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QuantumScape (NYSE:QS) has fallen behind at least two of its key competitors in the race to launch electric-vehicle batteries that are superior to today’s widely used lithium-ion batteries. As a result, investing in QS stock is extremely risky at this point, QS can easily declare bankruptcy in the not-too- distant future, and I recommend that investors stay far away from its shares.
With that said, here are the three biggest risks facing QS stock.
QuantumScape Won’t Ever Be Able to Get Its Technology to Work Perfectly
The battery maker was founded 13 years ago, but apparently, it has not been able to develop a flawless product. That, in turn, leads to the obvious question: Will QS ever be able to develop a battery that works as it’s supposed to?
And by the way, it’s not me or even third parties saying that QuantumScape’s batteries don’t work perfectly. Rather, QuantumScape admits that its products are not yet functioning as they should.
Discussing the results of tests of its prototype cells by “prospective automotive and consumer electronics customers,” QS, in its first-quarter shareholder letter, wrote, “Most cells performed very well.” The company added, “we have work to do to improve reliability as we transition from prototype to commercial product.”
In an April 27 column, Seeking Alpha writer Nelson Alves identified some technical deficiencies that QuantumScape still has to overcome. Two of them are raising the capacity of their batteries’ cathodes and “reducing the thickness of cell stack elements and minimizing inactive materials.”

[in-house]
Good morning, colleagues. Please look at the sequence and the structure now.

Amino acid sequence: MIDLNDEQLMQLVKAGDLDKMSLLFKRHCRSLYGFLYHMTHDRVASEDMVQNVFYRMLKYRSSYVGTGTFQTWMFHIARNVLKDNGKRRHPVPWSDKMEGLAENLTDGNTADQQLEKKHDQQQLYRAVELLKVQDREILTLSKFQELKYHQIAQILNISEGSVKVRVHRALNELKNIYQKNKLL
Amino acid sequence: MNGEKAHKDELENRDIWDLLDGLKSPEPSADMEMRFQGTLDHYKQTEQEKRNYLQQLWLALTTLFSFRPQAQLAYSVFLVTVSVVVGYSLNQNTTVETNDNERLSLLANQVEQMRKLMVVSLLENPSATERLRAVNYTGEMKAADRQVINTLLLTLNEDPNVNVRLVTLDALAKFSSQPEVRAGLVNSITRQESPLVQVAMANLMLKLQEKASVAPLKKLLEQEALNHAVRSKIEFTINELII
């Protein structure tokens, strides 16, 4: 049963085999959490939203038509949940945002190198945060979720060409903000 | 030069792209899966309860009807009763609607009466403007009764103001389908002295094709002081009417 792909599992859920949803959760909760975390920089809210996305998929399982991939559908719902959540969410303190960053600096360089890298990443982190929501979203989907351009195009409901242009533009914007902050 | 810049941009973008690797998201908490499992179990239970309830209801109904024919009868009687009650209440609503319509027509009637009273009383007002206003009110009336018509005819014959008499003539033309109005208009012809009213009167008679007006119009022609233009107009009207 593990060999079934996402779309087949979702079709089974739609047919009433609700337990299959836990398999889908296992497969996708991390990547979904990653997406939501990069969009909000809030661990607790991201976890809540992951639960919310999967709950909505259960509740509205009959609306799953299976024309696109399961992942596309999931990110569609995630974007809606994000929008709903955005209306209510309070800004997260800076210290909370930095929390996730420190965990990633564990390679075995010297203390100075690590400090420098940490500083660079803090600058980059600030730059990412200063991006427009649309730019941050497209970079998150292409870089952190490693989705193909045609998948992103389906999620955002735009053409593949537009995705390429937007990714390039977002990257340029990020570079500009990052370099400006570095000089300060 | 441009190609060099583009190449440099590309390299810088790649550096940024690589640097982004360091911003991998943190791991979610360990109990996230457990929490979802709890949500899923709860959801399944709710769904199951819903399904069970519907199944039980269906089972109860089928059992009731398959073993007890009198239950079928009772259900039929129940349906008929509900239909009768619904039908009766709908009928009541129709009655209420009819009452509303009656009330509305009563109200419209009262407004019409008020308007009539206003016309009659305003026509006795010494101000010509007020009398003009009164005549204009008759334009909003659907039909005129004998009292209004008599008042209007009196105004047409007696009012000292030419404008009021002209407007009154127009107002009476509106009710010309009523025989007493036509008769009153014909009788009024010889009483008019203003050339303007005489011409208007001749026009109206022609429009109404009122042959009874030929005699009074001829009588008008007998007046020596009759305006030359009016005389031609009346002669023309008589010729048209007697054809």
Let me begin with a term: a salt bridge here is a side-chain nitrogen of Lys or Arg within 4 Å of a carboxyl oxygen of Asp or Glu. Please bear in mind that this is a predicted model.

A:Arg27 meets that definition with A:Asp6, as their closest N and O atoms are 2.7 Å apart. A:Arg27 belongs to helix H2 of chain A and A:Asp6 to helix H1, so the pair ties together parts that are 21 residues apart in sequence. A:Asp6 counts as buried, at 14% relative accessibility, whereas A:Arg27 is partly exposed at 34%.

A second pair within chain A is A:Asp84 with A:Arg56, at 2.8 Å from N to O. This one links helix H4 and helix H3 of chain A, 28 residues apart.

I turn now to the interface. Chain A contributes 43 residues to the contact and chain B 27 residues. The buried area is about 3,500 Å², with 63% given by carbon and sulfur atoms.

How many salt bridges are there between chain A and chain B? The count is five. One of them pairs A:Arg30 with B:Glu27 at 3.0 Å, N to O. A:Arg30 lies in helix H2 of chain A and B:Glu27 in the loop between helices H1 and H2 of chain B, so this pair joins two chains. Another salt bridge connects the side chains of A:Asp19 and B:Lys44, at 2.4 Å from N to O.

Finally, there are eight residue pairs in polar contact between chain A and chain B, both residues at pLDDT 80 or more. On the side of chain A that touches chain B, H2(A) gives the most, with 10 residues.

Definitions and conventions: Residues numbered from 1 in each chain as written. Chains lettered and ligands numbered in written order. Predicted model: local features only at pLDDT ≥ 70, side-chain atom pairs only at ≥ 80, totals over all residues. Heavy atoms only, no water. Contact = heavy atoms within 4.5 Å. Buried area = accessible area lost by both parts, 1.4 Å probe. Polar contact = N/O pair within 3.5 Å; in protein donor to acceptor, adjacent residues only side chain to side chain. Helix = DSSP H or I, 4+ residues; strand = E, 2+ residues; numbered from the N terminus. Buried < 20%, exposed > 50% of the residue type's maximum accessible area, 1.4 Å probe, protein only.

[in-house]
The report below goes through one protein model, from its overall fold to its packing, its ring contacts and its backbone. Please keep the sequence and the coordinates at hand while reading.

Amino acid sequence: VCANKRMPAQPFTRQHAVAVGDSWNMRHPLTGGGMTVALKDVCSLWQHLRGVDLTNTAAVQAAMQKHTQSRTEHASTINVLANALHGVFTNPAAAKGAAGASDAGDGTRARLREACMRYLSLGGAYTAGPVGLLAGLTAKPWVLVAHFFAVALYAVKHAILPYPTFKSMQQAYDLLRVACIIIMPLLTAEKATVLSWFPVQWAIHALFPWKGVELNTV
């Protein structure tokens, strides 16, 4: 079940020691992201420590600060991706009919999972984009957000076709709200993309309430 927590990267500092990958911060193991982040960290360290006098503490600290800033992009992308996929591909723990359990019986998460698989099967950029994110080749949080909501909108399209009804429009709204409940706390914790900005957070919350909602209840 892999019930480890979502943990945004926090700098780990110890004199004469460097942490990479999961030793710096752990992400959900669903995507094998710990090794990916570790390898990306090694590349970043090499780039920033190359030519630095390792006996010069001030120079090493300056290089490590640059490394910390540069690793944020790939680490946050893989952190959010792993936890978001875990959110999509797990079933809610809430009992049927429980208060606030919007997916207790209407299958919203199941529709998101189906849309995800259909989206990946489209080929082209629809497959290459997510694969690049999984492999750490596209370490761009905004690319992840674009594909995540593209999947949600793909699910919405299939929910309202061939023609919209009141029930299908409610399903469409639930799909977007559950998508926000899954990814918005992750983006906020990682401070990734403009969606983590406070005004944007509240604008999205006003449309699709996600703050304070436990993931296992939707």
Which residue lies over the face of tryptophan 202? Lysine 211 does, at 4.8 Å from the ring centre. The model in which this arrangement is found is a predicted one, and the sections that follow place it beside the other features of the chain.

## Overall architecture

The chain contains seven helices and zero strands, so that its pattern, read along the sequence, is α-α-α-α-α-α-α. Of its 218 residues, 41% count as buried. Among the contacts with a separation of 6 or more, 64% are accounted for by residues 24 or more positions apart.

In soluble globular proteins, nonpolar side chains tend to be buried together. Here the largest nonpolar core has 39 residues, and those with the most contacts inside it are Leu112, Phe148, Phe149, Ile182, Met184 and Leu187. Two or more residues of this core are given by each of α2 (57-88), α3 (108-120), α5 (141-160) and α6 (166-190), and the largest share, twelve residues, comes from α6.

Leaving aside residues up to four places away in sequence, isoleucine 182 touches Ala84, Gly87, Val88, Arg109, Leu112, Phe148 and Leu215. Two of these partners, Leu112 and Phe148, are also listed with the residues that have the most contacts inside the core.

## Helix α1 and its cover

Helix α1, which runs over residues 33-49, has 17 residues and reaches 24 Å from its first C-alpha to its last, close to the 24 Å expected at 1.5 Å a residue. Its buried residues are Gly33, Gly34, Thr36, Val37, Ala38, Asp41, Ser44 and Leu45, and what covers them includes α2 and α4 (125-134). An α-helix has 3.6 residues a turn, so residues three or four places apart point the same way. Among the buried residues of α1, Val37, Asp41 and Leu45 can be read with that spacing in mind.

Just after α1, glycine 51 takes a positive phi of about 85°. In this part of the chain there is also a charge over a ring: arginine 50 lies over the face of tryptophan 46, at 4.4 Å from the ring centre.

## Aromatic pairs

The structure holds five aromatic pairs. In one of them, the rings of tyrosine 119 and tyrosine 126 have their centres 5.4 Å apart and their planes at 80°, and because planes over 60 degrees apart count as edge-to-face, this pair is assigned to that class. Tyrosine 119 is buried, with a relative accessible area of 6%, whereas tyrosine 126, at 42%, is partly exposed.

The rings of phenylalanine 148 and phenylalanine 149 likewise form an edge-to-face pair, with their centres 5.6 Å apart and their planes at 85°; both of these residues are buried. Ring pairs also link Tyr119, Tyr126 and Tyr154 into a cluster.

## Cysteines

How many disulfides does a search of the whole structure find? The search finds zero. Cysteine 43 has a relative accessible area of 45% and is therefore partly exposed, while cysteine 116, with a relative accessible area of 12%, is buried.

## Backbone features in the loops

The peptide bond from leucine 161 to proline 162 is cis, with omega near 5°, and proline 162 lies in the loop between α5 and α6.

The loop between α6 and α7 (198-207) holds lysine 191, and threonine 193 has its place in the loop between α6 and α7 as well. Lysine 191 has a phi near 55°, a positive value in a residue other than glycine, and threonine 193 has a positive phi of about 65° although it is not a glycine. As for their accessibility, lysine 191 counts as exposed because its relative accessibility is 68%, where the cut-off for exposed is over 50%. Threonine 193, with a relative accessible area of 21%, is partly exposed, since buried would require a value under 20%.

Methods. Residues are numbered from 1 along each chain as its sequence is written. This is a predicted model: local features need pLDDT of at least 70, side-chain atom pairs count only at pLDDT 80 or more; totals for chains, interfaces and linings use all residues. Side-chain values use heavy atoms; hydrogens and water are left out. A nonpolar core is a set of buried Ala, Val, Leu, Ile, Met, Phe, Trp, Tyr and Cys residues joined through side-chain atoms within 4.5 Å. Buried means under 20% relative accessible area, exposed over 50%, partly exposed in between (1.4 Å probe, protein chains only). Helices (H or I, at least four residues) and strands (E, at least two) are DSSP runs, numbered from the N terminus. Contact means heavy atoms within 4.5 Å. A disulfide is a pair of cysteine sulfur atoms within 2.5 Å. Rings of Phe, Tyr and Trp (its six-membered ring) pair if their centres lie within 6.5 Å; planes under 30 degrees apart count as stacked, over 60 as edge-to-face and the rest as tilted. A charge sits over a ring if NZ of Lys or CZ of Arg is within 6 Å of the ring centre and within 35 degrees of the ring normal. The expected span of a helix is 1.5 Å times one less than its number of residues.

While I’m far from a technical expert, these are major upgrades that QS may not be able to accomplish in months, years, or ever.
QuantumScape Will Be “Beaten to the Punch” by Its Competitors
As I pointed out in a previous column, two of QuantumScape’s competitors “appear to have moved well beyond the initial testing phase,” putting them far ahead of QS. Specifically, BMW (OTCMKTS:BMWYY) is looking to conduct its own R&D on Solid Power’s (NASDAQ:SLDP) batteries at its own facility. At the same time, Vietnamese EV maker VinFast “has committed to incorporating StoreDot’s “extreme fast charging (XFC) battery cells” into EVs that it will sell to consumers in 2025.
And Seeking Alpha columnist Manuel Paul Dipold points out that three huge companies — Toyota (NYSE:TM), Samsung, and Panasonic (OTCMKTS:PCRFY) –are all working on new, better types of batteries. These firms all have the resources to easily overtake QS in the race to release new, better EV batteries.
QuantumScape Will Run Out of Money Before It Can Launch Its EV Batteries
As of the end of last quarter, QS had $983 million of cash and $105 million of debt. That puts its net cash at $878 million. In the 12 months that ended on March 31, it burned $234 million. So theoretically, QS has nearly four years left before it has to raise additional funds.
But we should consider that if QS gets to that phase, mass manufacturing is way more expensive than R&D.
If the battery maker has to contribute some of its own money to the manufacturing process, it’s likely to run out of funds in three years, just when its batteries are ready to be sold.
So if its competitors wind up making batteries that are better than those of QuantumScape or EV makers have already committed to buying improved batteries from one of the company’s competitors by then, no one is likely to want to invest in QS or lend it money, and QS will have no way to generate significant amounts of revenue. Consequently, it will likely be out of money and “headed for the dustbin,” as the expression goes.
On the date of publication, Larry Ramer did not hold (either directly or indirectly) any positions in the securities mentioned in this article. The opinions expressed in this article are those of the writer, subject to the InvestorPlace.com Publishing Guidelines.